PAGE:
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By The Way
Detours with locals. Travel tips you can trust.

What to know about railroad strike cancellations after tentative deal

Trains sit parked in Louisville, Kentucky on September 14. (Luke Sharrett/for the Washington Post)

Debra Edwards was getting her suitcase organized in her Chicago hotel room Tuesday morning when a message from Amtrak popped up on her phone. Her bucket list trip — scheduled to depart Wednesday — was canceled. There was no additional information on who to contact for assistance.

“I would have been pulling out of Denver right now,” Edwards told The Washington Post on Thursday.

Edwards’s long-distance train from Chicago to California was one of many that Amtrak canceled this week as a preemptive measure ahead of a potential nationwide railway strike. While the labor dispute was between freight railroads and unions that represent their employees, most Amtrak routes outside of the Northeast Corridor and many commuter rail systems operate on freight tracks.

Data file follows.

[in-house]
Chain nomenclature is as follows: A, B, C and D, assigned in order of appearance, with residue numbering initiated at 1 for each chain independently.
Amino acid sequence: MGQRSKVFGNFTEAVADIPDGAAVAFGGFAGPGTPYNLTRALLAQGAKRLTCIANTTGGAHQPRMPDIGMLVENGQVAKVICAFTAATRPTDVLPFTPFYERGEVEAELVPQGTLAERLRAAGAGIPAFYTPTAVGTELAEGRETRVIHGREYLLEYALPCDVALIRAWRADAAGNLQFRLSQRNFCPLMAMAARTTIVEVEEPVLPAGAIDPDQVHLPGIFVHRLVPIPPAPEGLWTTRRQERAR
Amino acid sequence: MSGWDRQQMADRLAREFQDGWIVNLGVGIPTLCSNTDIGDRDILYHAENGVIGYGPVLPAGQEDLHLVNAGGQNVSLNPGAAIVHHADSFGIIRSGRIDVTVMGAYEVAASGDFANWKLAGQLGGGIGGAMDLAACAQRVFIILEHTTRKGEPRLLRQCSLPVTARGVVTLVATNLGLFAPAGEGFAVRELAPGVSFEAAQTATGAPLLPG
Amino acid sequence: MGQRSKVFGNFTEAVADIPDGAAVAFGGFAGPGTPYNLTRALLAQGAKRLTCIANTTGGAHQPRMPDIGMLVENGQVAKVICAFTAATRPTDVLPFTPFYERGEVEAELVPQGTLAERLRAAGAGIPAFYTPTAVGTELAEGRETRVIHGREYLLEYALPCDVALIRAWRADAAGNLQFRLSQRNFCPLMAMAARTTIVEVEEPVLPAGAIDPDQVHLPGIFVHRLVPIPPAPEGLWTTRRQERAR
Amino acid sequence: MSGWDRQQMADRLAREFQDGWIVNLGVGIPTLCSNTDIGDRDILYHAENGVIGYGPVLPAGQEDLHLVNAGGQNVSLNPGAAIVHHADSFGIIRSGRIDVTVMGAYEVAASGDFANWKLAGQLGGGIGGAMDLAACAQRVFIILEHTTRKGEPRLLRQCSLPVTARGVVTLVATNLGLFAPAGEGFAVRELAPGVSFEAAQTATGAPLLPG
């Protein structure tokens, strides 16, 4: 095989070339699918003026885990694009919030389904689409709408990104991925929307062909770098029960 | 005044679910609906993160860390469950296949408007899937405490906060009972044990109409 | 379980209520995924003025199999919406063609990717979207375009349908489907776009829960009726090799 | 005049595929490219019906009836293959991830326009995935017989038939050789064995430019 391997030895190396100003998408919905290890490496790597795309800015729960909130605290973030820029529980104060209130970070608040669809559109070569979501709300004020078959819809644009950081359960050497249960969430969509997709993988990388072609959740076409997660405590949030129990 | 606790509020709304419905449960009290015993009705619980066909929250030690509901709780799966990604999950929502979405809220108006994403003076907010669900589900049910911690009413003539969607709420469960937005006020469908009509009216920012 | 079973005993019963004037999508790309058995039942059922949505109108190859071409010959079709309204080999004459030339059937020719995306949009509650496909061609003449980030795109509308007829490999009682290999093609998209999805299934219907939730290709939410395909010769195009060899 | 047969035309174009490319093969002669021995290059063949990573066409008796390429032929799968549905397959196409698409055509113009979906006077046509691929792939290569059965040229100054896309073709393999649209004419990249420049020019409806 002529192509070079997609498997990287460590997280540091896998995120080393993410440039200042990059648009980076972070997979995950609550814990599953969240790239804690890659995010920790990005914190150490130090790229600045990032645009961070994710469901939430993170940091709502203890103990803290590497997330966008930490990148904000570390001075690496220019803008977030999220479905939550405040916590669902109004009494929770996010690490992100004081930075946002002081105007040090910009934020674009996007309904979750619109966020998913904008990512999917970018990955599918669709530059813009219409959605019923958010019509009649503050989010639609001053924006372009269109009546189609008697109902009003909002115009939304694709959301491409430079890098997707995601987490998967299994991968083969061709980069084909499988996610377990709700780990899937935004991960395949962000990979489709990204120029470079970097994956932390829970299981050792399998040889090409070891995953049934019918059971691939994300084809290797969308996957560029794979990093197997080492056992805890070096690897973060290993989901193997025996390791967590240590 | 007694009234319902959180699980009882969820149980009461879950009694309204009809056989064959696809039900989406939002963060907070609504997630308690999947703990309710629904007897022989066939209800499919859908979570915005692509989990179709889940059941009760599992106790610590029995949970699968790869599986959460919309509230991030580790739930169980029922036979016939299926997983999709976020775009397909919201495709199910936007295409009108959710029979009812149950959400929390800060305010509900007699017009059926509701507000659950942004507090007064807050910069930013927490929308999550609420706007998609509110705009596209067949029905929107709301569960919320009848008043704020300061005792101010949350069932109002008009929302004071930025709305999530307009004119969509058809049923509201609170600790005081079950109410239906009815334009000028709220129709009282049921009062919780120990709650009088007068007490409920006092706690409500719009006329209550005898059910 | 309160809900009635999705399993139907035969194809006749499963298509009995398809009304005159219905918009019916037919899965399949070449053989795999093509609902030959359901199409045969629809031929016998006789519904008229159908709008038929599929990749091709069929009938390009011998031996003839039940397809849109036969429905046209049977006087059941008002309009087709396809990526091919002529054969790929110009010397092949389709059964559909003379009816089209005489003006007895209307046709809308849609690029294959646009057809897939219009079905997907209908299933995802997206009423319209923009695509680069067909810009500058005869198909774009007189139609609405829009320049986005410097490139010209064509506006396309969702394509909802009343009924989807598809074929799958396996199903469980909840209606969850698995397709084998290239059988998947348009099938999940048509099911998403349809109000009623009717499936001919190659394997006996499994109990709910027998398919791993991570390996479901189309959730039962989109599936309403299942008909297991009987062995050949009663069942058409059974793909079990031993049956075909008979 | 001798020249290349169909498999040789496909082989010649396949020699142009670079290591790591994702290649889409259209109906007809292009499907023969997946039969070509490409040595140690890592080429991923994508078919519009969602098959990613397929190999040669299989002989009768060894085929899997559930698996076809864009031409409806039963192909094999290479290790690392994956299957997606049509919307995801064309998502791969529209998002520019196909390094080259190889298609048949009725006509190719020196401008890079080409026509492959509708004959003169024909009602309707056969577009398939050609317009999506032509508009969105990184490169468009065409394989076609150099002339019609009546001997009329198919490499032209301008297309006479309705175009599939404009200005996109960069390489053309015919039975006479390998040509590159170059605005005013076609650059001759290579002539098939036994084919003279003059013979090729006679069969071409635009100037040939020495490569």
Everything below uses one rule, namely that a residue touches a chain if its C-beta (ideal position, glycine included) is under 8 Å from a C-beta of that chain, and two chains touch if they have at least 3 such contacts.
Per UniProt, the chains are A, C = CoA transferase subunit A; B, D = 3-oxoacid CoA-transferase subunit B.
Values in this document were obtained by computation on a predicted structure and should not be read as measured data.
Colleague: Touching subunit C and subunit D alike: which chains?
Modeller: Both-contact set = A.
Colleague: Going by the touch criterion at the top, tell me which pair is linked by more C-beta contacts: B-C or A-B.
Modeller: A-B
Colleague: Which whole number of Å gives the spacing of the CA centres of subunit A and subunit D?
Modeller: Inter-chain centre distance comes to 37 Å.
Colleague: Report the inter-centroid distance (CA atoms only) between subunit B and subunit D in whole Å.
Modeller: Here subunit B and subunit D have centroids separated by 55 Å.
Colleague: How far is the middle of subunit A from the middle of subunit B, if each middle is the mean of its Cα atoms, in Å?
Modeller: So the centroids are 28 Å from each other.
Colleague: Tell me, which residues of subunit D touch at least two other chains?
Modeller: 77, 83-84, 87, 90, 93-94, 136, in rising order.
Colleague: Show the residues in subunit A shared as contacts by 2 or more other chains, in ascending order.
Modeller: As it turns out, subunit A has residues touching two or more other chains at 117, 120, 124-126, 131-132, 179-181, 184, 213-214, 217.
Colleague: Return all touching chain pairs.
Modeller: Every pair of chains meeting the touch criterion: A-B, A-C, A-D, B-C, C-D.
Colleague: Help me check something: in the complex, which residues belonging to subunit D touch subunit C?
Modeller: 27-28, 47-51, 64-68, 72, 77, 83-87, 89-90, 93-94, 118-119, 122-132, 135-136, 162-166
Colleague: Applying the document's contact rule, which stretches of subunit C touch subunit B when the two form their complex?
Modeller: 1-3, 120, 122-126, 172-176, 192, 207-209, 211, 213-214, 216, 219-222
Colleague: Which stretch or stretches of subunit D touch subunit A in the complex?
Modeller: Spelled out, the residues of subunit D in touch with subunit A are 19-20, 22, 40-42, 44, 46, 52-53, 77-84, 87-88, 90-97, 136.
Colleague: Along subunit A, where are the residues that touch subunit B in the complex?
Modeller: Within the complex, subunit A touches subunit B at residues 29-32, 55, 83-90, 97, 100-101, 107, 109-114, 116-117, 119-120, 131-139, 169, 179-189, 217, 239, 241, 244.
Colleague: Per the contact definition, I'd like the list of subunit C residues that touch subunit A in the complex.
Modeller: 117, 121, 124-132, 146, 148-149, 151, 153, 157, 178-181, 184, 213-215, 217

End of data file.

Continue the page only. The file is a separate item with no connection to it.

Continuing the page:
Amtrak, commuter rail dodge crisis as strike threat likely averted

On Thursday, the White House announced a tentative deal between carriers and union leaders to avert a strike. In an alert the same morning, Amtrak said it’s “working to quickly restore canceled trains and reaching out directly to impacted customers to accommodate on first available departures.” Operations should be normal again by Friday, The Post has reported.

Back in her home of Dayton, Ohio, Edwards said Amtrak had not contacted her beyond the alerts and boilerplate responses she received via email. The recent retiree, 65, is out hundreds of dollars after a tumultuous scramble to find new accommodations, transportation and navigate refunds and cancellations.

Here’s what customers dealing with similar issues should know about the unfolding situation.

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